Covering a total of 78,651 ha, includes within its boundaries the three major active volcanoes in the centre of the North Island - Ruhapehu, Ngaruhoe and Tongariro - as well as much broken country, tussock land, desert areas and forests. It was the first of NZ's national parks.
Most of the land, including the three mountains, was donated to the government and people in 1887 by Te Heuheu Tukino IV and other chiefs of the Tuwharetoa tribe from the Tokaanu district. The original size was 2,600 ha. The park is used by large numbers of people for skiing, mainly on the slopes of Mt Ruhapehu, and for tramping and hunting.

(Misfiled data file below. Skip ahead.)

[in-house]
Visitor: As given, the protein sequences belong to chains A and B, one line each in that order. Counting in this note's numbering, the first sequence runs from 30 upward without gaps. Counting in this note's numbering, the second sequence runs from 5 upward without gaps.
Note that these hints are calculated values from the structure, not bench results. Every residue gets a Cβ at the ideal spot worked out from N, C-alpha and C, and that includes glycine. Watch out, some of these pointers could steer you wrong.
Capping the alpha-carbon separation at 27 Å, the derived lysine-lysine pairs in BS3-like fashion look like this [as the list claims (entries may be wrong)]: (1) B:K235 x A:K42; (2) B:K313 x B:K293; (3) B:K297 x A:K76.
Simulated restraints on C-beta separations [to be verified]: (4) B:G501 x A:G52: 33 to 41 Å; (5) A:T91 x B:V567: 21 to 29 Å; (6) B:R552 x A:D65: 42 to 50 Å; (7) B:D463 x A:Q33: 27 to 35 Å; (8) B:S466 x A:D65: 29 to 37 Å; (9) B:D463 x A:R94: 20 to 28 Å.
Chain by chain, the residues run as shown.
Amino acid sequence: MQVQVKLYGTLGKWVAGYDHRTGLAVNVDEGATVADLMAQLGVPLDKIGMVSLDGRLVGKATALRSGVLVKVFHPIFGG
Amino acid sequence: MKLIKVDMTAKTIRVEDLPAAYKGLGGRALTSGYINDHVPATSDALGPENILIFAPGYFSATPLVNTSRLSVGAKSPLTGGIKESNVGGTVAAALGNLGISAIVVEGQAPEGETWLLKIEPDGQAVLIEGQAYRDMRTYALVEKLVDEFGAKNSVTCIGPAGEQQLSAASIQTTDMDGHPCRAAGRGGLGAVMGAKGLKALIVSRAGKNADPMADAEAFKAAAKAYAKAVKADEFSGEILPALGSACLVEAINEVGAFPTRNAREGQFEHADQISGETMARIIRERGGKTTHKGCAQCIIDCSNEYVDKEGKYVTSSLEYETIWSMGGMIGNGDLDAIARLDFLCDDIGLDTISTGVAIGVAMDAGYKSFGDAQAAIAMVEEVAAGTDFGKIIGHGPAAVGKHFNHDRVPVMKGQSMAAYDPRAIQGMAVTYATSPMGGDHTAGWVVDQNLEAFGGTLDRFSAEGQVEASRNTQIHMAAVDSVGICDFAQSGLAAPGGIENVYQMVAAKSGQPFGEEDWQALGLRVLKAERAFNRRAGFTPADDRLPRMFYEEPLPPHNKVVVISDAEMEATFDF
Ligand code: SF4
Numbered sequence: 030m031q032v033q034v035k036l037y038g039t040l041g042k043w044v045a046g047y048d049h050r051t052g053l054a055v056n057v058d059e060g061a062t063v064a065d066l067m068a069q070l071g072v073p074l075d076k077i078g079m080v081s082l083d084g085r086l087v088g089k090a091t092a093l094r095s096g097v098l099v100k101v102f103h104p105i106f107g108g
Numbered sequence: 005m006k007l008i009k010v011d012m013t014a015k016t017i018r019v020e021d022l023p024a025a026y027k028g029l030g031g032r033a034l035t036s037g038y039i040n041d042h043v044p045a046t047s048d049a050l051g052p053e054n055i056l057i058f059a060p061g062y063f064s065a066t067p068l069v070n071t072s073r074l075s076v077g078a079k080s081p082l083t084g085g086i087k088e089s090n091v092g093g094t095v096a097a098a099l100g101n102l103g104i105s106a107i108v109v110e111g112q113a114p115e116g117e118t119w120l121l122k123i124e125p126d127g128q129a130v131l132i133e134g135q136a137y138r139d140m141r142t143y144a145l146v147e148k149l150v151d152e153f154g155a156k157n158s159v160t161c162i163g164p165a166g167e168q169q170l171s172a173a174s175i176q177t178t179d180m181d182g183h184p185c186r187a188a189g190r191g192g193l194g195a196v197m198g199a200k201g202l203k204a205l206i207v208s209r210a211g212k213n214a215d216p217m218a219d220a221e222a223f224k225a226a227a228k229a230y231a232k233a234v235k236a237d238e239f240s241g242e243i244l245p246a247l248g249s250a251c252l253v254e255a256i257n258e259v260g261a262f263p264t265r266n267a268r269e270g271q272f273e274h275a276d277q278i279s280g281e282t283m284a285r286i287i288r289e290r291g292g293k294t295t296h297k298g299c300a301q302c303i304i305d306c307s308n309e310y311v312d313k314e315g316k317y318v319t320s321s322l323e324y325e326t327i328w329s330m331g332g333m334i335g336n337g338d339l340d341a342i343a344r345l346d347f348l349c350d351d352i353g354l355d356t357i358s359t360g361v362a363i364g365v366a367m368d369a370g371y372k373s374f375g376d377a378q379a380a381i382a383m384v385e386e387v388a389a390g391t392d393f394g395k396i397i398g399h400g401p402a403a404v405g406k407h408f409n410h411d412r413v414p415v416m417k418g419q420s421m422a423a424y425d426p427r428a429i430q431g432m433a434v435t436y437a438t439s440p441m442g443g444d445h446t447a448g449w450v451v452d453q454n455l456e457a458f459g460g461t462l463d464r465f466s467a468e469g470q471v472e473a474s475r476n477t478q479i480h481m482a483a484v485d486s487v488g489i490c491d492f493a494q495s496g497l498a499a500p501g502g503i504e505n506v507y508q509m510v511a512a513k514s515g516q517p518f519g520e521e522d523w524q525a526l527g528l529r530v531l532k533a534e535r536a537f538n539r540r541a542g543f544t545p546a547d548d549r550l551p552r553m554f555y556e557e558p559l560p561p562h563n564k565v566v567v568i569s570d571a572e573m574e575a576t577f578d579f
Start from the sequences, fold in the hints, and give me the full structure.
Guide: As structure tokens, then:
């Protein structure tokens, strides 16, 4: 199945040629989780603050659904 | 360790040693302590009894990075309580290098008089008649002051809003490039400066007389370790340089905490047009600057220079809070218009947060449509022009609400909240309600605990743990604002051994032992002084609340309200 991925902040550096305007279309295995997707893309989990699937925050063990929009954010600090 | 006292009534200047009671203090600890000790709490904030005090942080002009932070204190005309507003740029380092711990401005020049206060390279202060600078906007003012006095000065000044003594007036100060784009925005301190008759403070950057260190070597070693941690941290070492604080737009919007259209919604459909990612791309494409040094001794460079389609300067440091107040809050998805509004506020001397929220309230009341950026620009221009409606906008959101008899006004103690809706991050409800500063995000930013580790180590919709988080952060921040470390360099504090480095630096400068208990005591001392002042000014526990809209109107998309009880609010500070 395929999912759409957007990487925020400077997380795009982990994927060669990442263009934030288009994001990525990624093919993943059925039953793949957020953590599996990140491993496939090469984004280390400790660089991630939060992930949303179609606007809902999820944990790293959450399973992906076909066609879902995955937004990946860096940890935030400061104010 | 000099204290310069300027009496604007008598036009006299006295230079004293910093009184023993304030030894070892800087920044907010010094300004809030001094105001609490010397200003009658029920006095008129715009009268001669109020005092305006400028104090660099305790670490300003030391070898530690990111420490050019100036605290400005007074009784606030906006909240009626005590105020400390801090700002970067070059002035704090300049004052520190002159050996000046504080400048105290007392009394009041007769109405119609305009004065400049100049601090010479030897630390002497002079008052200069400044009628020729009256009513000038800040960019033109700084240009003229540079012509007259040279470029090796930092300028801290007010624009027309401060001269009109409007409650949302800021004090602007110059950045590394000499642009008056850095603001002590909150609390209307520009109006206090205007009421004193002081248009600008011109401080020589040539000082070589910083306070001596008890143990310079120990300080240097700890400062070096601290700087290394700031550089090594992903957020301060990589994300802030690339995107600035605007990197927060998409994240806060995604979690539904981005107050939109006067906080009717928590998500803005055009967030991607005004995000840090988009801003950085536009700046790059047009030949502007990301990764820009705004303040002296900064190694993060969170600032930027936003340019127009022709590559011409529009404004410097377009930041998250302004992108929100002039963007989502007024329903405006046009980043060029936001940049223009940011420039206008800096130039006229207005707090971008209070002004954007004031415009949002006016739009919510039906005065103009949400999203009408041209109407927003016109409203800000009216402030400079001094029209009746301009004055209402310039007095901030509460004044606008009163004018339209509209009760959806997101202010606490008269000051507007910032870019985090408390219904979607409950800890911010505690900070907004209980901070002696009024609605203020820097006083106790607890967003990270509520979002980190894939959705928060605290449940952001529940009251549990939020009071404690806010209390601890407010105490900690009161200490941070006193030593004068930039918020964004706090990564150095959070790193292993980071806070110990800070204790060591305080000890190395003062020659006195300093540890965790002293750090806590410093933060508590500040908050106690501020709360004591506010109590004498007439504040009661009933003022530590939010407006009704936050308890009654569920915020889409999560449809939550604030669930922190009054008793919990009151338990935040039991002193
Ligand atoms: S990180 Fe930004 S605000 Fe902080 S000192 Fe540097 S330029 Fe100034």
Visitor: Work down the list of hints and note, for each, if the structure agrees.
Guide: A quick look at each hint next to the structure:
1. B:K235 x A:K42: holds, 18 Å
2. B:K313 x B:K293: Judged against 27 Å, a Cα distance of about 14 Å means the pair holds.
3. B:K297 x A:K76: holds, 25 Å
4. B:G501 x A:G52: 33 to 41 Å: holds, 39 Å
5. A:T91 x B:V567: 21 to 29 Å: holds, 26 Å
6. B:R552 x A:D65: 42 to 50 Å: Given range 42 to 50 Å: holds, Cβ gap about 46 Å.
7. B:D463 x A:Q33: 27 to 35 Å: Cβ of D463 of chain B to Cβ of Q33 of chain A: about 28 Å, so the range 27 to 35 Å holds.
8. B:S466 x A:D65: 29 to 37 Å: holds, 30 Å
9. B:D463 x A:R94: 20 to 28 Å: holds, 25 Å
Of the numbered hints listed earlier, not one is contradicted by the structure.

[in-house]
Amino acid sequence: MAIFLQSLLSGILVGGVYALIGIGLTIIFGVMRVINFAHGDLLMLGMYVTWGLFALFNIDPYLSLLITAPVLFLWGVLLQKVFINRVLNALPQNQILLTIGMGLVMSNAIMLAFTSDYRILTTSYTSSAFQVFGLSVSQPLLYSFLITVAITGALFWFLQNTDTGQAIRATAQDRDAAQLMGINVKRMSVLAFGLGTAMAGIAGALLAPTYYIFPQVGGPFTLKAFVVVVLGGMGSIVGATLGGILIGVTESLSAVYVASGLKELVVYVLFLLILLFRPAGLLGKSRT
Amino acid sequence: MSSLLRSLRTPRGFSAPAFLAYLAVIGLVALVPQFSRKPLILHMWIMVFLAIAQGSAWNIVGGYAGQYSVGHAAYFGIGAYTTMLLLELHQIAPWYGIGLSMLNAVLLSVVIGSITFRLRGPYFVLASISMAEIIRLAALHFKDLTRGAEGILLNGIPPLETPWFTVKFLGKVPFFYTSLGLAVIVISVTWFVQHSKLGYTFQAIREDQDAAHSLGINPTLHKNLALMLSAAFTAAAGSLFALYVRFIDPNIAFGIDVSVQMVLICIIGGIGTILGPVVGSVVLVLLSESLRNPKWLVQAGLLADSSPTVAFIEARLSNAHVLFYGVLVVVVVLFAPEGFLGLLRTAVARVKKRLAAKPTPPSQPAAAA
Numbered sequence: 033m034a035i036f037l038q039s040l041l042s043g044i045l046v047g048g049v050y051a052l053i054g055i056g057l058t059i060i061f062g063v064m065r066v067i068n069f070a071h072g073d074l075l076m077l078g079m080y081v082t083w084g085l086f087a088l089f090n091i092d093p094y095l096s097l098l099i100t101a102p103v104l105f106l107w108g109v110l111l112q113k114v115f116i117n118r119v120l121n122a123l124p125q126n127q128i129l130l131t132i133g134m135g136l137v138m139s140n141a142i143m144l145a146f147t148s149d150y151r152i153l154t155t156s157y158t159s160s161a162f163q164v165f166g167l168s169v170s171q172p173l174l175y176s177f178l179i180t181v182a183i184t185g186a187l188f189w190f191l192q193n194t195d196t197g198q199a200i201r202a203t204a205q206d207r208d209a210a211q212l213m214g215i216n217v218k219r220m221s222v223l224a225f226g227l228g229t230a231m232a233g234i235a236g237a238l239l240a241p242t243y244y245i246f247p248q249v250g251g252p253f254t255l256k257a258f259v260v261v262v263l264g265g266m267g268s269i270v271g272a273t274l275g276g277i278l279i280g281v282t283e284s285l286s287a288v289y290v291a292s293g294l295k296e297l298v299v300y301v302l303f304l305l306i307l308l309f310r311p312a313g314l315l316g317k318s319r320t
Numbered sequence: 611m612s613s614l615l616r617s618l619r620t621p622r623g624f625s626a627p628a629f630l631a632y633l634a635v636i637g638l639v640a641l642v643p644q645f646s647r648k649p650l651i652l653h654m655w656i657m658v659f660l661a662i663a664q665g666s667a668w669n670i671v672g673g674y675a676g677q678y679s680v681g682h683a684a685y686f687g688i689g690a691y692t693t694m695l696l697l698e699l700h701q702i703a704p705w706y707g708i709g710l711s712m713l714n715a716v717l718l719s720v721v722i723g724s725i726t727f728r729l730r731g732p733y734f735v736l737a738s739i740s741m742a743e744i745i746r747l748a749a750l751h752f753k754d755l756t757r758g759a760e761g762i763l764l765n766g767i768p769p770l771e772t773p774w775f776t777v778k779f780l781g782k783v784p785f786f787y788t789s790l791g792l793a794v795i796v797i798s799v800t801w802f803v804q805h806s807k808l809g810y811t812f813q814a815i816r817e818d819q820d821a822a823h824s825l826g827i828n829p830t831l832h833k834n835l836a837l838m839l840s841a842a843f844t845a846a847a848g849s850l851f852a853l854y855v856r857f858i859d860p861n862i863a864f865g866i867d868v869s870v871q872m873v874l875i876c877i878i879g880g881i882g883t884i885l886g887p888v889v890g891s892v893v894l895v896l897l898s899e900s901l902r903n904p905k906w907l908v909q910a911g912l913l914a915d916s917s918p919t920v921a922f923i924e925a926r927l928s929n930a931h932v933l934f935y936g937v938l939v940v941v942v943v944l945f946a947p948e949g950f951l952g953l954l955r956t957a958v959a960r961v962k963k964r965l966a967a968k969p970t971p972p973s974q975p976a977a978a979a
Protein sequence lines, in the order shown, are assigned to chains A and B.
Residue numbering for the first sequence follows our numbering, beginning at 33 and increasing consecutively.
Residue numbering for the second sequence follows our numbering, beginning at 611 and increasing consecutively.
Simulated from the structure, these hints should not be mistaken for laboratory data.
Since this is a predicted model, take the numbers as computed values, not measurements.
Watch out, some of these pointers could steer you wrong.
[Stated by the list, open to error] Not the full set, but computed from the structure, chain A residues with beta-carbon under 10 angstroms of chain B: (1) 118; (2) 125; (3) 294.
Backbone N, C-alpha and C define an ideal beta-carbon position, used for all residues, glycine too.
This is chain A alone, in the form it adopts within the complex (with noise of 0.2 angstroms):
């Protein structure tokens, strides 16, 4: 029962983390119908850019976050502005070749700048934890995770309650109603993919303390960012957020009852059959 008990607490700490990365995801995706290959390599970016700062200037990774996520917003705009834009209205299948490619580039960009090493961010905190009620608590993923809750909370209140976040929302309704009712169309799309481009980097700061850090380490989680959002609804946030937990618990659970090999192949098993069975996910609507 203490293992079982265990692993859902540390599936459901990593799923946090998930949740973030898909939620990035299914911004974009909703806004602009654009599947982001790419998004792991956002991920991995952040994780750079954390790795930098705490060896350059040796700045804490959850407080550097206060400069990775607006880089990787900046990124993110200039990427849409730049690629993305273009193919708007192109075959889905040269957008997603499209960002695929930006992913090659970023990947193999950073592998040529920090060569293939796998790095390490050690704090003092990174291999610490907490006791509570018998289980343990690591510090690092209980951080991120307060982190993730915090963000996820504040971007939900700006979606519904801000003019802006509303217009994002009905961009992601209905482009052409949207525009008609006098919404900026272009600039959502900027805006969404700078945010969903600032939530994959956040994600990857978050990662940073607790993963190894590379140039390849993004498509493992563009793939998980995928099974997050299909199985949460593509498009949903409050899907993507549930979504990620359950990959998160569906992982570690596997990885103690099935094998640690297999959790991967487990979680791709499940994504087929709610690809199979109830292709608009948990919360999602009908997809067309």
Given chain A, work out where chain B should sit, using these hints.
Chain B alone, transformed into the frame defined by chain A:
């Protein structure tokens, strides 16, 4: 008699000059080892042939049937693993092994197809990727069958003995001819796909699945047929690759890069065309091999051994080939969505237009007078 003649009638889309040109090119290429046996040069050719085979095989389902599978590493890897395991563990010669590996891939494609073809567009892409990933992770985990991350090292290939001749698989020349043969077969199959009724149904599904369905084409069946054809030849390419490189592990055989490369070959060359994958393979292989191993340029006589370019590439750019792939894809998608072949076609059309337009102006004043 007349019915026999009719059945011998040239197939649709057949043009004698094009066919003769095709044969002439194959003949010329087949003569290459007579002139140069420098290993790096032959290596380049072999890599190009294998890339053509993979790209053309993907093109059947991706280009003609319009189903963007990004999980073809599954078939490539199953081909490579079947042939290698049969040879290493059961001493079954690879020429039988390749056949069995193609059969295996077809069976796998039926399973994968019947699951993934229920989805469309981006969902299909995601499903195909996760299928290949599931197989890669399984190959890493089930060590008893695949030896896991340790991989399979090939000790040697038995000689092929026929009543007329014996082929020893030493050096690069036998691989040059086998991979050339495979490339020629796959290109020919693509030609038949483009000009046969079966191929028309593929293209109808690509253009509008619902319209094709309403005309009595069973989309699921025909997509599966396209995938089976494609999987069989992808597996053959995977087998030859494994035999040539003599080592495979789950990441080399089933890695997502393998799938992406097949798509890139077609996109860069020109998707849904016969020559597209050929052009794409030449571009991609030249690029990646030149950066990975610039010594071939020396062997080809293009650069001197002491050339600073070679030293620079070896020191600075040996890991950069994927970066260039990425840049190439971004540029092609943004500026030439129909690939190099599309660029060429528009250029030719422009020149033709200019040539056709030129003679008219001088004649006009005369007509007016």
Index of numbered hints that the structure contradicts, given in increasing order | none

Mt Tongariro itself has a number of craters, some of them still active, and there are fumaroles, mud pools and hot springs on the northern slopes, at Ketetahi Springs. Tongariro at 1,968 m is the lowest of the three mountains. The first recorded ascent by an European was in 1867 when geologist James Hector made the climb.
The park is a huge catchment area and this had led to the design of the Tongariro hydro-electric power scheme, a complex project which takes the water through tunnels, along canals, using its driving power on the way to Lake Taupo (see Tokaanu).
Tongariro is also the name given to a settlement about 30 km north-east of National Park.